Evaluating is a complex skill, including the ability to determine importance, accuracy and credibility, usefulness, and personal enjoyment or progress. In the article Evaluating in Reading and Science, we discuss how explicit instruction and the gradual release of responsibility model help students master this high-level cognitive skill. The lessons highlighted below provide appropriate support for students as they apply this skill to both fiction and nonfiction text. The variety of lessons reflects the range of abilities encompassed by this skill.
Two Thumbs Up! Get Students Writing and Publishing Book Reviews (Grades K-3)
This lesson demonstrates the process for writing book reviews and offers ideas for publishing student reviews. Students begin by evaluating book reviews written by other children. Next, students discuss the effectiveness of the reviews, what components are included, what they learned, and what they might change. Once students have a foundation for book review components and structure, they choose a book, write a review, and publish the reviews by videotaping them or posting them online. This lesson meets the following NCTE/IRA Standards: 1, 3, 4, 5, 6, 8, 11.
Guided Comprehension: Evaluating Using the Meeting of the Minds Technique (Grades 3-5)
Who is to blame for the plight of the three little pigs—the wolf or the pigs themselves? In this lesson, students read multiple versions of the familiar fairy tale and use the meeting of the minds technique to act out the opposing views of two or more characters in a debate or interview format. Students then work in small groups to write stories and dramas comparing two versions of the fairy tale. As a culminating activity, they reflect on how the reading strategy helps improve their comprehension. This lesson meets the following NCTE/IRA Standards: 1, 2, 3, 7, 8, 11.
Research Building Blocks: Examining Electronic Sources (Grades 3-5)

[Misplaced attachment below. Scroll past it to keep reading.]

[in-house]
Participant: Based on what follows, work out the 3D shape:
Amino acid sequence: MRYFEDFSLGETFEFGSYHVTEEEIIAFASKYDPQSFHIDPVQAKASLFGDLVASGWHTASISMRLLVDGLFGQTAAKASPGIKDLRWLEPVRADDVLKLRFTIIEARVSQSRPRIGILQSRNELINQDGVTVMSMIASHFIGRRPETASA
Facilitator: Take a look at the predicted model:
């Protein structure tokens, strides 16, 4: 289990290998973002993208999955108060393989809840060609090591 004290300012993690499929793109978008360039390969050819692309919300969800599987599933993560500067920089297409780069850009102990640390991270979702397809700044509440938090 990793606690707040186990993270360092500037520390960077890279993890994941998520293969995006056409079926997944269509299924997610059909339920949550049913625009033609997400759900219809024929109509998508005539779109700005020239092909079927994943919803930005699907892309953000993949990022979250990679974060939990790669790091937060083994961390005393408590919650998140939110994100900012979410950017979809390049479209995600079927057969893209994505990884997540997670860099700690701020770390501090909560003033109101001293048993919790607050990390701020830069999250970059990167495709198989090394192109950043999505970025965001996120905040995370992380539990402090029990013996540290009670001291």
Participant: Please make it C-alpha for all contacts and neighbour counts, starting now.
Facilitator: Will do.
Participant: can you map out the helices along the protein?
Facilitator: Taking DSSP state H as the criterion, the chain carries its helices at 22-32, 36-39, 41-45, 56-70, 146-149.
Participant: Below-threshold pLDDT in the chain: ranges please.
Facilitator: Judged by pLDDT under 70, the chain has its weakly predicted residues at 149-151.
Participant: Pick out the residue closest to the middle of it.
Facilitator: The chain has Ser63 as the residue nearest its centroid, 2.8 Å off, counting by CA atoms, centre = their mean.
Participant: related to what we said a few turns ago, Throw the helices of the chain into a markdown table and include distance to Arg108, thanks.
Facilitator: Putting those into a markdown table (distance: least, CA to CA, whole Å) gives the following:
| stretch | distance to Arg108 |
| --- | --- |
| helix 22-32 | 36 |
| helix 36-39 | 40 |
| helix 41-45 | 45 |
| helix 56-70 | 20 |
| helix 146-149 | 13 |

Students look at web sites that offer relevant resources for their research, as well as web sites with less useful resources. Then, they identify resources they think would be beneficial in their research and others that would not. As a group, students discuss the criteria they used in selecting or discounting sources and create a checklist to guide their future searches. Finally, students find another site they think might be beneficial and evaluate the site using the class-created checklist. This lesson meets the following NCTE/IRA Standards: 1, 3, 4, 5, 6, 7, 8, 11, 12.
Developing Students’ Critical Thinking Skills Through Whole-Class Dialogue (Grades 3-5)
In this lesson, students either listen to the instructor read My Freedom Trip by Frances Park and Ginger Park aloud or read it themselves silently. After reading, students answer an open-ended question about an issue from the book and then take positions, identify reasons to support their positions, and draw their own conclusions. The lesson may be followed by whole-class discussion sessions that place an emphasis on dialogue, eventually transferring more and more responsibility to the students for their learning. This lesson meets the following NCTE/IRA Standards: 3, 6, 11, 12.
This article was written by Jessica Fries-Gaither. Jessica is an education resource specialist at The Ohio State University and project director of Beyond Weather and the Water Cycle and Beyond Penguins and Polar Bears. She has taught in elementary and middle school settings. Email Jessica at firstname.lastname@example.org.
Copyright September 2011 – The Ohio State University. This material is based upon work supported by the National Science Foundation under Grant No. 1034922. Any opinions, findings, and conclusions or recommendations expressed in this material are those of the author(s) and do not necessarily reflect the views of the National Science Foundation. This work is licensed under an Attribution-ShareAlike 3.0 Unported Creative Commons license.